Fourth, bishops found guilty of abuse, or of covering it up, must be removed from their posts as soon as possible. Perhaps just as important, when bishops resign, the Vatican must be clear about the reasons for their resignations.

Fifth…


#131

“Fifth, the widespread demonization within the church must end. It is a stumbling block to healing and disedifying to both Catholics and non-Catholics. Social media has played a malign role. The stereotyping of whole groups (gays, celibates, bishops, liberals, conservatives) must end. Personal vilification must stop.

Sixth, public acts of penance from the hierarchy must take place. Letters and statements are, as we have seen, insufficient. The laity should decide what form these acts should take. Symbolic actions, as well as practical actions, matter here.

Seventh, both married men and women must be included in all levels of decision-making in the church—including heading Vatican congregations, reforming the Curia, helping to select bishops, etc.

Married men and women must also be included in all levels of leadership—including leadership in the church’s liturgical life, something of immense symbolic importance. Married priests and women deacons are a start.

Eighth, a thoroughgoing review of seminary formation, especially regarding education in human sexuality, must happen—again. There are still seminaries and religious orders where candidates are incapable of, or prevented from, discussing the most fundamental areas of their lives.

Ninth, clericalism must die. The system privileging the status of bishops and priests over that of lay people (and parents); that insists on an exaggerated deference for clergy and bishops, and that has functioned as a closed world, must be dismantled.

Finally, despair about this situation must end. Despair is not of God. The Holy Spirit is with us and will help us through even the most difficult times. We must never forget Jesus’s words to his disciples: Fear not!”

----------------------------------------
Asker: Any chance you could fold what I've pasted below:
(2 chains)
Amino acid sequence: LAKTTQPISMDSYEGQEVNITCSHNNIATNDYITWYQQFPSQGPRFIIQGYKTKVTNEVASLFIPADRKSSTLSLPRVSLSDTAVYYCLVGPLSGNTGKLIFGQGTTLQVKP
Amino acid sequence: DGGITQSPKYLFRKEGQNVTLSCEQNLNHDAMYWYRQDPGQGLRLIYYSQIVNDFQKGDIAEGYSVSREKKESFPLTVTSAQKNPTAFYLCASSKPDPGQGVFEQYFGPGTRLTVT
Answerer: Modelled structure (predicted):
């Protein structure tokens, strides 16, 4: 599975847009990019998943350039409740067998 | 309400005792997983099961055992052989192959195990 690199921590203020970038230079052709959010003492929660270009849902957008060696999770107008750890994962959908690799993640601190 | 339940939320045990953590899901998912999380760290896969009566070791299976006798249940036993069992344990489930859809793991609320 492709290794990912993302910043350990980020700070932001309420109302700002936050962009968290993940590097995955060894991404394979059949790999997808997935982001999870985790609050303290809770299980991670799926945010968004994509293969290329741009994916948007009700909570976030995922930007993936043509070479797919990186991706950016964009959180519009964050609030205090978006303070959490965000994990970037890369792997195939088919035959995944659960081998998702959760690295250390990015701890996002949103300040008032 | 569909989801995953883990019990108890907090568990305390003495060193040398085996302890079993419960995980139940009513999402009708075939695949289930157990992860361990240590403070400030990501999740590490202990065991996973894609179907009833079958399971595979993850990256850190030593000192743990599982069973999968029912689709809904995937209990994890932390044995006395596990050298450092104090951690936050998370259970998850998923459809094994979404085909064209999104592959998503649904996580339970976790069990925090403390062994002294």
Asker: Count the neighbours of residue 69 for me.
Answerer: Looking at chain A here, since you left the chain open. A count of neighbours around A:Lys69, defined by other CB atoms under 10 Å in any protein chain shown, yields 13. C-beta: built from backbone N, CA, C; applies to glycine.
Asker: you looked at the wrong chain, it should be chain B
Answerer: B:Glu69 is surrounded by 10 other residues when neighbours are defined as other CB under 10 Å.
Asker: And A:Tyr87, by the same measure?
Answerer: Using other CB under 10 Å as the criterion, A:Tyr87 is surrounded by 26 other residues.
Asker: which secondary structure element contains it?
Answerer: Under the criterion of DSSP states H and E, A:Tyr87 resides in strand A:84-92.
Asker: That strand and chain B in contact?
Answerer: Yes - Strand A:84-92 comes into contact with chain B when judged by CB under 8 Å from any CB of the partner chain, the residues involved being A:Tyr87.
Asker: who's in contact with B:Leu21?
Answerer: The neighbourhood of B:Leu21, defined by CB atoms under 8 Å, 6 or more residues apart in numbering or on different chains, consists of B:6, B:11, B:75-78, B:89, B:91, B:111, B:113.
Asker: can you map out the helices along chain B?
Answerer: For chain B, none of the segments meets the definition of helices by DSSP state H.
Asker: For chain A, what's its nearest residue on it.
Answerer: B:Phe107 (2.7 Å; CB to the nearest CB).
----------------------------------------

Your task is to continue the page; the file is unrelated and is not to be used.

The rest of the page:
#132

At Mass this morning our pastor promulgated a pastoral letter in which he called for, among other things, fasting and prayer for reparation. I think rather that I will make the focus of my prayer that all perpetrators of any sexual abuse AND those who helped hide those crimes be exposed, removed from whatever posts they may occupy, no matter how high, and be turned over to the criminal justice systems of the countries in which the crimes took part, if criminal liability still applies. Justice not only must be done; it must be seen as being done.

#DraintheSwamp
#CleansetheTemple

D


#133

So, now, that Francis is still silent, and most have moved on to other, more “interesting” news, what do we do NOW?

I’m realising how little recourse we have within the structure of the church, to change it. Francis has no reason to speak if he so chooses, he can’t be removed as pope, and he doesn’t need to do anything to the monsters within, like Wuerl and McCarrick.

Yes, I know… fast and pray. I’ll fast and pray that these devils come to repentance and do the right thing. But I am not hopeful.


#134

Just remember. You are not alone. We are in this together.


#135

Sure doesn’t feel like it.


#136

They are correct. No more money! Cardinal Wuerl has hired the law firm of Jones Day in case he has to mount a defense. Where do you think the funds are coming from? Do you have any idea what they charge? Every Catholic institution should be outraged by such a poor response by the Pope.
Secondly, it’s time for the western churches to join the eastern churches to giving priests an option of marriage. I do not believe celibacy is the cause of sex abuse in the church, whether minor or young adults, but the single men only thing is an open door to pervert predators looking for a place to hide.


#137

Do yourself a favor, give directly to something or someone special. My church has something called St. Gregory’s Pantry where every week they request certain products for distribution. I am no longer giving money to my parish. Cardinal Wuerl has hired the law firm of Jones Day. Do you have any idea what they charge an hour? I will no longer give to the Catholic Appeal. If they didn’t pay out millions of dollars in abuse cases, there would never be any need for the Catholic Appeal.


#138

Every member of the clergy who does not speak out and take action is NOT innocent. Cardinal Wuerl has hired Jones Day law firm. Where do you think that money is coming from? Billions of dollars have been paid out to victims of sex abuse. Where do you think that money came from? When you give, give, give, you are enabling. We must send a message that this will no longer be tolerated.


#139

The Popes refusal to comment on the allegations made against him is damming IMHO. Oh and are we aware of the 300 page dossier prepared for Benedict that outlines the who what and where of the Lavender Mafia in Rome? The thinking is Benedict resigned because he thought the problems outlined was too much for him to take on. The report was handed to Francis (there is even a picture of this event) and Francis has not taken any action that we are aware of.


#140

In reference to the scandal, how do we behave towards the perpetrators? I know we must pray for them. But say a family member or friend is one of the ones who committed these acts. Say he is penitent, seeking counsel and has absented himself from the temptation to sin again in this regard. How do we respond to them?


#141

By loving them and by helping them out by not bringing out children into his/her presence.


#142